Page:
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No More Commissions/What is an HSA Anyway?

Good News! Starting Monday, October 7th, our primary custodian, Charles Schwab, will be eliminating most commissions for HCM Clients!  This will apply to all online trading in U.S. stocks, exchange-traded funds and options. We strive to provide you with the best value at the lowest cost.  These changes will allow us to bring our Dividend Growth, Socially Responsible and Growth Stock equity portfolios to more HCM Clients.   For more information contact your HCM Advisor. If you don’t have an advisor yet, click here to schedule a call or call 513-598-5120 to learn how these changes could help your financial situation.



At HCM, we try to build tax efficient strategies into every aspect of your wealth and retirement planning.   One of HCM’s “Golden Rules” is to never pass up an opportunity for tax-free compounding. Health Savings Accounts (HSAs) are just the type of tool we like because they are a tax savvy way to save for future medical bills, including age based long-term care premiums and nursing home expenses later in life. Even though they have been available since 2004, many people still don’t know what they are or fail to take full advantage of their tax benefits.  

Why Use an HSA?

In addition to being a great way to save for health expenses, it is triple-tax advantaged:

  • Contributions are either pre-tax or tax deductible.
  • Growth on the account’s investment earnings are tax free.
  • Withdrawals for eligible health related expenses are tax free.

Because the money invested in your HSA is pre-tax, it lowers your taxable income.  For example, if you made $100,000 and invested $7,000 in your family’s HSA, you would only be taxed on the remaining $93,000.  If you are in the 22% tax bracket you would save $1,540.

An HSA is also preferable to other accounts, such as a Flexible Spending Account because the money in your HSA is yours to keep, without limits.  Other such accounts require you to “use it or lose it” at the end of each year.

When it comes time to pay for healthcare, you can either use the money in your HSA or pay cash and reimburse yourself later taking advantage of the tax-free growth.  This is where it gets interesting.  Let’s say you have an eligible healthcare bill of $7,000.  You pay that bill today with cash and keep the receipt.  At the same time, you put $7,000 to work in your HSA.  Five years go by.  At a 7% return, the $7,000 in your HSA would be $9,818.  At that point, you could either reimburse yourself the $7,000 with funds from the HSA or let the money remain invested tax free and reimburse yourself later.  Either way, you now have $2,818 that you earned by tax-wise investing that you never would have had without the HSA.  And, if you ultimately use it for eligible medical expenses, you will never pay tax on it.    There’s no deadline for reimbursement, so you can do this as often as you would like for as long as you’d like, earning tax-free income on money that you essentially have already spent.  And, if you don’t want to worry about record keeping for later reimbursement, you can simply pay future medical expenses with your HSA funds.    The real planning advantage is gained by taking advantage of tax-free compounding made possible by utilizing the tax-free investment HSA environment.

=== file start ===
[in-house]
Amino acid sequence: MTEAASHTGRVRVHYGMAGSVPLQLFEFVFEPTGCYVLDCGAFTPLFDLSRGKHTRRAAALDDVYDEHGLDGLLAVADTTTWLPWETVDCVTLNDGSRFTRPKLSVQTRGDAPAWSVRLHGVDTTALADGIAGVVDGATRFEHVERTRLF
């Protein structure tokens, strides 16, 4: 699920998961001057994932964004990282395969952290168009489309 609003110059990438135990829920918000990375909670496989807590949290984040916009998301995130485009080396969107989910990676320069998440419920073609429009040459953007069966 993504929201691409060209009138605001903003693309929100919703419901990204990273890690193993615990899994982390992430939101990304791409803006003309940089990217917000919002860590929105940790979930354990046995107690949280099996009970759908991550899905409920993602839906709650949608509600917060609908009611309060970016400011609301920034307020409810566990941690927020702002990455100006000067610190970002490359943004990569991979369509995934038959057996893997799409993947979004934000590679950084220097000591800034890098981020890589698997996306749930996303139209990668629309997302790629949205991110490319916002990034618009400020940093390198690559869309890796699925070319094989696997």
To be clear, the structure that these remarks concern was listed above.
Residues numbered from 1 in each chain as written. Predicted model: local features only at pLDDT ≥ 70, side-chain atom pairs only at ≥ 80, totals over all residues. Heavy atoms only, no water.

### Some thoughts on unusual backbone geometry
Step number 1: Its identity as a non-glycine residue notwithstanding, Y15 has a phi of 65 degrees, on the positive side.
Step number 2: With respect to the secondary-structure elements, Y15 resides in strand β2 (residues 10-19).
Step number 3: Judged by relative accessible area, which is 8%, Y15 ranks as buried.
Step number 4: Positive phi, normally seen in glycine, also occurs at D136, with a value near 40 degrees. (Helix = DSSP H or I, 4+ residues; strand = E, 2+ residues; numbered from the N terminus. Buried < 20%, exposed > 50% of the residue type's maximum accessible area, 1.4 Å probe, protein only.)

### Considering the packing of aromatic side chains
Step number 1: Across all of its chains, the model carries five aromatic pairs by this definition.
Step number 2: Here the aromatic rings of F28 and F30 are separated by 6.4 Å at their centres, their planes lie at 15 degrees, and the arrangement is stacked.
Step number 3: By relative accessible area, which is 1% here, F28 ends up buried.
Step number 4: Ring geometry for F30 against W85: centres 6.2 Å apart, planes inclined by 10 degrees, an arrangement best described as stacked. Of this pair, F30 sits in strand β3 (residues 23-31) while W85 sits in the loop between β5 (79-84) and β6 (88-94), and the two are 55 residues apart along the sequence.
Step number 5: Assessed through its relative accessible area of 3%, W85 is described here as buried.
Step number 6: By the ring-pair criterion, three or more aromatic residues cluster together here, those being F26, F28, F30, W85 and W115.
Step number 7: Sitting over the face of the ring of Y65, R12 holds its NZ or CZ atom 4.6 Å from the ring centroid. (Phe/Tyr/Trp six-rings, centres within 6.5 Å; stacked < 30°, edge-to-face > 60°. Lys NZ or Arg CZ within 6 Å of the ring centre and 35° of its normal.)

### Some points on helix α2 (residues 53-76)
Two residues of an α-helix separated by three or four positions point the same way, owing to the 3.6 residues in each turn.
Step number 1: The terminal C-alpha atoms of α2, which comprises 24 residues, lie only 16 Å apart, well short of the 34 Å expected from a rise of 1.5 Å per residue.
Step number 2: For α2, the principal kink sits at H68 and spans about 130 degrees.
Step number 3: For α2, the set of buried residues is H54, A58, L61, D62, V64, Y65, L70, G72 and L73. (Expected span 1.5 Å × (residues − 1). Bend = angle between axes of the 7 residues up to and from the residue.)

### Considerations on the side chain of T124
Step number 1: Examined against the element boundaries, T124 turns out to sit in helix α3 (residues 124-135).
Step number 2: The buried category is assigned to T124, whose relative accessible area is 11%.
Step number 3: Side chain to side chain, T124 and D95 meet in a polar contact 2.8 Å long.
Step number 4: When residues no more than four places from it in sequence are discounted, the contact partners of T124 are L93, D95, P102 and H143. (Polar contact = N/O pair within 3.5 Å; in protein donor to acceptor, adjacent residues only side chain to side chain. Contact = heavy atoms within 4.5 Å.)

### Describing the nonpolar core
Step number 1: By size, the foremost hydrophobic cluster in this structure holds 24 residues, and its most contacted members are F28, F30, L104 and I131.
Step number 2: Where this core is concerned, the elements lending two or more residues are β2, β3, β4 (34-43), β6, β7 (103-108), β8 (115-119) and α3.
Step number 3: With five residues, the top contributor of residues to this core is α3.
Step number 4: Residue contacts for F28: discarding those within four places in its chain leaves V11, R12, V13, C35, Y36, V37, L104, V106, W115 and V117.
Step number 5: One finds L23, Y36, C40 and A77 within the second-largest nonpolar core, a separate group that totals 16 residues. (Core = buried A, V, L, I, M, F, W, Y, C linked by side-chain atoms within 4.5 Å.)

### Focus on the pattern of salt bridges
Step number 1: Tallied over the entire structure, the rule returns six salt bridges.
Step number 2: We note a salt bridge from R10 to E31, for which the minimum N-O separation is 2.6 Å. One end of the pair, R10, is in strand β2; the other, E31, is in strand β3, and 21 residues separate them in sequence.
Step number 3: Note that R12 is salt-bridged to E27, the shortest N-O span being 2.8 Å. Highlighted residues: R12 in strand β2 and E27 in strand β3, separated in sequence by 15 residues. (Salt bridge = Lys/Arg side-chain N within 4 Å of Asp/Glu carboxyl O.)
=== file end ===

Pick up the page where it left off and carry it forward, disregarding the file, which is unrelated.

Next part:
Rules and Requirements

HSAs must be paired with High Deductible Health Plans (HDHPs).  Currently, a HDHP is defined as having a deductible of $1,350 for an individual and $2,700 for a family.  In 2020, the minimum deductible for an HDHP will be $1,400 for an individual and $2,800 for a family.  If you’re interested in this, when shopping for healthcare make sure the plan you’re considering is described as “HSA-eligible.”

There is a cap on how much you can contribute.  For 2019 it’s $3,500 if you have single coverage or $7,000 if you have family coverage.   However, if you’re 55 or older, you can contribute an extra $1,000.  In 2020 the limits will be increasing, with $3,550 for an individual and $7,100 for a family.  The extra $1,000 amount for those over 55 will remain the same.

Also, the IRS is pretty strict on making sure you only use HSA funds on eligible expenses.  If you don’t use the funds correctly, you’ll owe income tax on the ineligible funds withdrawn as well as a 20% tax penalty.    

It is HSA Day on October 15th

What should you do on HSA day? If you would like to know more, there will be a live webinar that speaks to the benefits of health savings accounts.  They are useful not only as a method for paying for eligible health care expenses, but also as a vehicle for investment and retirement income.   

At 3pm Eastern time on October 15th, you can tune in to the website hsaday.com to listen to Jean Chatzky, an educational ambassador for HSA Day.  

Unsure if an HSA is right for you?  You can use this calculator to compare a High Deductible Health Plan with an HSA versus a traditional plan.  If you have questions, give your HCM advisor a call.  If you are not an HCM client, we would be happy to discuss your individual situation with you.

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